Birth of a Tree


1 Have you ever wondered how a big tree started its life? The trees growing in your neighborhood were most likely planted there years ago as young trees, after getting their start in a tree nursery. A tree nursery is a garden where little trees are started from seeds or cuttings and protected in their early growth until they can be replanted. Many more trees grow in the country and forests that were not planted by men. They were planted in a natural and random way.

2 Each year a large oak tree will make hundreds of seeds called acorns that have the potential of becoming oak trees themselves.

3 Every autumn the oak tree’s leaves turn red and brown and fall to the ground. And with them fall the acorns. It is good that each tree produces many seeds, because most acorns will never have a chance to grow.

4 After the acorns fall, many are eaten by insects and rodents. Acorns are one of the squirrels’ favorite storage foods. They bury them in the ground to save for the long winter, without realizing they are also planting seeds. Some will sprout the following spring!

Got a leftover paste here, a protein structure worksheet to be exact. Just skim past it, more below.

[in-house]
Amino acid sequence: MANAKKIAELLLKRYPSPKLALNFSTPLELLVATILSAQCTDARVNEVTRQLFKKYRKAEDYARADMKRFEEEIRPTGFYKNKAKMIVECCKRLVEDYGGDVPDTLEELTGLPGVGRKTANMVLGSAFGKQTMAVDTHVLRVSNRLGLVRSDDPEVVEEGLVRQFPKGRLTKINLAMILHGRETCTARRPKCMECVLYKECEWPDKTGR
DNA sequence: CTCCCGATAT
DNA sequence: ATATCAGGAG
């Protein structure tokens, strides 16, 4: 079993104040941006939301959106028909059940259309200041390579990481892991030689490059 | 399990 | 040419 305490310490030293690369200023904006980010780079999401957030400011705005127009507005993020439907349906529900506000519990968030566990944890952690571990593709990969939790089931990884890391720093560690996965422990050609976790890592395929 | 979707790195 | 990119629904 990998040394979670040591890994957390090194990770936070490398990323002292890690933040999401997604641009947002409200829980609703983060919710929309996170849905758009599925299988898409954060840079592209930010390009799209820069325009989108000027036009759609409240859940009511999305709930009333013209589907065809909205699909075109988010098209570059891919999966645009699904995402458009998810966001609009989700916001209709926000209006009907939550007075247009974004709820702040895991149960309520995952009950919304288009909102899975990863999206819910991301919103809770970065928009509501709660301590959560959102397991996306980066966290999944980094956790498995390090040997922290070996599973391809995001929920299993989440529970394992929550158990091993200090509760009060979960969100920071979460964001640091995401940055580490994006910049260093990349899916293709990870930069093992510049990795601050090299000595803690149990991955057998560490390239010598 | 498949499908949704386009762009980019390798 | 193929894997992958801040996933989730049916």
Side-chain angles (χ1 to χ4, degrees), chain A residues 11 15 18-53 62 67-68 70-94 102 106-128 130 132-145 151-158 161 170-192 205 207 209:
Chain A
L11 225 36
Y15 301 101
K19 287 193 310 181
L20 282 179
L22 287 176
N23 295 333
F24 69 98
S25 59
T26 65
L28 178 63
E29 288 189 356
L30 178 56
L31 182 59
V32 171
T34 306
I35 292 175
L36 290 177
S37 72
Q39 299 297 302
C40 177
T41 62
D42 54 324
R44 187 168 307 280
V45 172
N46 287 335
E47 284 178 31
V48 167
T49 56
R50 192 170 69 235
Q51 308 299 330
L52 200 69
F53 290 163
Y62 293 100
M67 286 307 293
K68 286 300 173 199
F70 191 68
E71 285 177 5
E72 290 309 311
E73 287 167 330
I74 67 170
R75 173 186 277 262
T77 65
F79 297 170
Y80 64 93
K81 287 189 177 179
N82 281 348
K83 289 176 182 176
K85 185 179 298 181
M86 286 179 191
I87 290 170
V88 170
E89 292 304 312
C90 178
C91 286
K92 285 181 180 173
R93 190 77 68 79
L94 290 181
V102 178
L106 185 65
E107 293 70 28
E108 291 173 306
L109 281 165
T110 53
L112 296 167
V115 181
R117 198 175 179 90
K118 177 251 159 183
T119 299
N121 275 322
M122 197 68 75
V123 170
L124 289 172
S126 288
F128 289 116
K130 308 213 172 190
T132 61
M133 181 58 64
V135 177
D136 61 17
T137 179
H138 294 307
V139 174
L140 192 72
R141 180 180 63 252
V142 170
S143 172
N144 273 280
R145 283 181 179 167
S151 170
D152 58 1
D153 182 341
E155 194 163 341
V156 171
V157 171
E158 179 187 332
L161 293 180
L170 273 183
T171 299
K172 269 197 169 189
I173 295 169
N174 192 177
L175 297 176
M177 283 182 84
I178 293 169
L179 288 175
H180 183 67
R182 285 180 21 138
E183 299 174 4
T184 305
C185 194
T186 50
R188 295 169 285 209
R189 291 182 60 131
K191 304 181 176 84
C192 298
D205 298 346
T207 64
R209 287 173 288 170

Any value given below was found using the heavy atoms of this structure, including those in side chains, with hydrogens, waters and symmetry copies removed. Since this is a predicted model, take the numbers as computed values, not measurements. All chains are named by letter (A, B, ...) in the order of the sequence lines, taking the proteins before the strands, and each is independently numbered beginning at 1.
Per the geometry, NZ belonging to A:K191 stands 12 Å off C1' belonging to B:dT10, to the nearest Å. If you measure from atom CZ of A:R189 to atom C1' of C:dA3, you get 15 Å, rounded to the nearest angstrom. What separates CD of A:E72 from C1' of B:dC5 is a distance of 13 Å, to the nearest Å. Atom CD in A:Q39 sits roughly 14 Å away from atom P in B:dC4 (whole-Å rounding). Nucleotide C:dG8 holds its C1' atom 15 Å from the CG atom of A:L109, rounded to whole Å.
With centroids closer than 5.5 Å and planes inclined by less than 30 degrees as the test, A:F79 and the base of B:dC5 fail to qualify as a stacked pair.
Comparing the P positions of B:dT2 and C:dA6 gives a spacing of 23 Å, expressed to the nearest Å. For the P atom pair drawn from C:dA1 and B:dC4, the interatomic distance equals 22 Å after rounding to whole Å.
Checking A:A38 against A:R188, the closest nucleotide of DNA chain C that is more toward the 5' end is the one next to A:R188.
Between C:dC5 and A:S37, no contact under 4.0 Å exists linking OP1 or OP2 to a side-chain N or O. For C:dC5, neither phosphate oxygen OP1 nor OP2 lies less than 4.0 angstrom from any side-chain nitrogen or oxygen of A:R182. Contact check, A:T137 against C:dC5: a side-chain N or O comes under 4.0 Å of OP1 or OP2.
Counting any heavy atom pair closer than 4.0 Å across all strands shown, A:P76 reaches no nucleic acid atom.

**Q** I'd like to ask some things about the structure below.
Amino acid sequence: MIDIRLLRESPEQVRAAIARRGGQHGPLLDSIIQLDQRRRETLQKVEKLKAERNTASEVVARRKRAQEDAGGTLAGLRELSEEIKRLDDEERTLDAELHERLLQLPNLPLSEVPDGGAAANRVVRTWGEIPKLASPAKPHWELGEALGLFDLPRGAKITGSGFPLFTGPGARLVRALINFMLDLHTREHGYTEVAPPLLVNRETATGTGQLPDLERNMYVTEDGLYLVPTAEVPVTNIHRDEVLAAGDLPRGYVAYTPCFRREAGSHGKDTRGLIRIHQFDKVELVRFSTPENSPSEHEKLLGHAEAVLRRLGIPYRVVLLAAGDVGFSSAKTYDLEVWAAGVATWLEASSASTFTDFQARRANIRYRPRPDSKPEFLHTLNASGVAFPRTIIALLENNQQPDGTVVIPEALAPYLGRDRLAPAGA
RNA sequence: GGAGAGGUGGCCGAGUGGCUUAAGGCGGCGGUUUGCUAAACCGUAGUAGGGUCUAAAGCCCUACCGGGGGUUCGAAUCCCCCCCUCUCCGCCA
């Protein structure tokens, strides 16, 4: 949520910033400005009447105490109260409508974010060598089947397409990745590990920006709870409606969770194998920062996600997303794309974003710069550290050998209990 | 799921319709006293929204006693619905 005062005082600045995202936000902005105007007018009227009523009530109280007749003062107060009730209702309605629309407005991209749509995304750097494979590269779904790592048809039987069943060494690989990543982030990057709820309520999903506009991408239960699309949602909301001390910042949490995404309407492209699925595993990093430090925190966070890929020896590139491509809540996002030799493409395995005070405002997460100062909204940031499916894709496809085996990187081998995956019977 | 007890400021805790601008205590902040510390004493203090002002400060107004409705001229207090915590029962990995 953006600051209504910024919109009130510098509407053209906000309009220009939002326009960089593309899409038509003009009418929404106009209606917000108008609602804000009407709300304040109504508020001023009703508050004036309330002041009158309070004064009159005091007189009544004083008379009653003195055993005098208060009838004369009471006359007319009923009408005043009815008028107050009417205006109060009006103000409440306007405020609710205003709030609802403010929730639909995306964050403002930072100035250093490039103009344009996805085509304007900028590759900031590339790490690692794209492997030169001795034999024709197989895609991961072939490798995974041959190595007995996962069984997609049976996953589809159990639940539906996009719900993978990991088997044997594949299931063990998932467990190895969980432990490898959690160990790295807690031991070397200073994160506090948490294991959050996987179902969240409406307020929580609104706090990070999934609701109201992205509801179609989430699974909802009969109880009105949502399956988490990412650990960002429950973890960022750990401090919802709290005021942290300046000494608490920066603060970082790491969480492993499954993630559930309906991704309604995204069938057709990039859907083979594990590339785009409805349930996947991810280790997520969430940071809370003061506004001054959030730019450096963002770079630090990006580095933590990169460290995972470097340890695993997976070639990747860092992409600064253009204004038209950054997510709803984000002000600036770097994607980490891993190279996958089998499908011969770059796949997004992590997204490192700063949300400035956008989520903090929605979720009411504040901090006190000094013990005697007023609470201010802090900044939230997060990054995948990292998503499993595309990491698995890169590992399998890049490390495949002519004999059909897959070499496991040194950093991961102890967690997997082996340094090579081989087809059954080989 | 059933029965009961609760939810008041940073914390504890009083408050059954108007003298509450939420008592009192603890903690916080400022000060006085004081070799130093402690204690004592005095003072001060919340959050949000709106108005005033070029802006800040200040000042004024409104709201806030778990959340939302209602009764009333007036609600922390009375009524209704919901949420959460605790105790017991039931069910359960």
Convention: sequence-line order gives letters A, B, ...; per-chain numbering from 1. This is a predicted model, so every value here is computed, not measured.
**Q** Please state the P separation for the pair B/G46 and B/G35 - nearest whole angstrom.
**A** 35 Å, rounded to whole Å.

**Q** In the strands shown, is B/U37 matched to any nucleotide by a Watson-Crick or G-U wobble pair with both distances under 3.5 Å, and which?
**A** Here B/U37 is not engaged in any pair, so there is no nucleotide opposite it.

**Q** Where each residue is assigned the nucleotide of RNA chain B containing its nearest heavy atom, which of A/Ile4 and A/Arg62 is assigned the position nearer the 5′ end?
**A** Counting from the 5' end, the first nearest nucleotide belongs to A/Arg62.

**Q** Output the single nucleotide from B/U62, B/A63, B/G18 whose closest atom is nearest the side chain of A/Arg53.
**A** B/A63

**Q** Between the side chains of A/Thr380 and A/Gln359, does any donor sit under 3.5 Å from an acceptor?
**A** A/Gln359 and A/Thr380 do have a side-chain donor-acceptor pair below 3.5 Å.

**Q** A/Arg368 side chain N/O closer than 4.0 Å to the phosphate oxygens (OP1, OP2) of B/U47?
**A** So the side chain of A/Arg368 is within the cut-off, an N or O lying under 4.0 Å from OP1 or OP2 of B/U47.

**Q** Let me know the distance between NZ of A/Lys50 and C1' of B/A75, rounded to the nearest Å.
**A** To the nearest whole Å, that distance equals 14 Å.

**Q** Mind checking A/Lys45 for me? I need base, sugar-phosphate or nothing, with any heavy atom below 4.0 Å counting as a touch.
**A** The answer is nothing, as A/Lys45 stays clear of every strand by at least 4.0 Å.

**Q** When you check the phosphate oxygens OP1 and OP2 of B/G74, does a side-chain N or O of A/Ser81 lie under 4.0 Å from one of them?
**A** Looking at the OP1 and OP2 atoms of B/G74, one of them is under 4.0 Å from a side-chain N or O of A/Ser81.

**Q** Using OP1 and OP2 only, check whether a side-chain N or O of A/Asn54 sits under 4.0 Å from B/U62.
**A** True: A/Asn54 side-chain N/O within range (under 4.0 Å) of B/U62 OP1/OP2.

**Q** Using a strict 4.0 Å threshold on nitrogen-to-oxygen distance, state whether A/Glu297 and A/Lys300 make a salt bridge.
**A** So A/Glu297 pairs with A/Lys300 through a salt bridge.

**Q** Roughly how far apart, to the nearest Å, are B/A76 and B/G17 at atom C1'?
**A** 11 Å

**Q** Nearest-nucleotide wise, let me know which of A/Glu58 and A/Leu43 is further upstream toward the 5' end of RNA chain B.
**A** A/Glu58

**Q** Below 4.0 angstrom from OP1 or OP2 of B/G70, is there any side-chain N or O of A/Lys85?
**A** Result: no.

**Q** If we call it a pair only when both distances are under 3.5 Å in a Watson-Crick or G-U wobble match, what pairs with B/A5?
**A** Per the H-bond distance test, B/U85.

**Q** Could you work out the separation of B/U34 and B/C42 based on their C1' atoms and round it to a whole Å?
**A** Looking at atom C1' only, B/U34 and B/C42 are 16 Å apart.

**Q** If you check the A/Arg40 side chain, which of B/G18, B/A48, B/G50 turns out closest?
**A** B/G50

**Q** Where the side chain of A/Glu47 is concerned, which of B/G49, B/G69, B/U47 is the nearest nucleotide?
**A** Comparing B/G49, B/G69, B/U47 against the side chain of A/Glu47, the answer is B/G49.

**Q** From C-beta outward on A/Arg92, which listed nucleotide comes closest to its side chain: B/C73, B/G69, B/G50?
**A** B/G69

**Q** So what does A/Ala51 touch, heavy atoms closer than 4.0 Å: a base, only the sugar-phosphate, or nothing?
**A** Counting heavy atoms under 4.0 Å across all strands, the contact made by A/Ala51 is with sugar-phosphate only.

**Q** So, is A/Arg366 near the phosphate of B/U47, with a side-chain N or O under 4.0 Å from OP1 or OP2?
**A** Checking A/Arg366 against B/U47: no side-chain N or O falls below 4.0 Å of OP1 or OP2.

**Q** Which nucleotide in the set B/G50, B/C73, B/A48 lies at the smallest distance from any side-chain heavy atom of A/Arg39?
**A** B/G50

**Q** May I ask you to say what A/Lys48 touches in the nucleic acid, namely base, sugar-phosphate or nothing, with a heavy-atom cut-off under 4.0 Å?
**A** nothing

5 Autumn turns into winter, and the forest ground is covered with a blanket of white. The heavy snow becomes deeper, compacting moist brown leaves on top of the acorns.

6 With the approach of spring and warmer days, the snow begins to melt. Sometimes the swiftly moving water from melting snow washes dirt over the acorns and moves them to other places where they have a chance to sprout.

7 Weeks of warm sunshine and spring rains cause the acorn to swell, breaking the hard protective outer shell. Soon the tree embryo pushes through the soil to the surface. The miniature oak leaves unfold above last autumn’s dead oak leaves. These new little leaves are still being nourished from the seed’s stored food.

8 Two weeks later, the tiny oak tree’s leaves have grown and turned a rich green, making food for the small tree by a process of absorbing air and sunlight through the leaves. They also absorb water and minerals through the tree’s roots. This process is called photosynthesis. Where there were once three leaves, the tree now has only two. One leaf was probably eaten off by an insect. If other creatures in the forest do not harm the tree, in a century it will become a full-grown oak tree!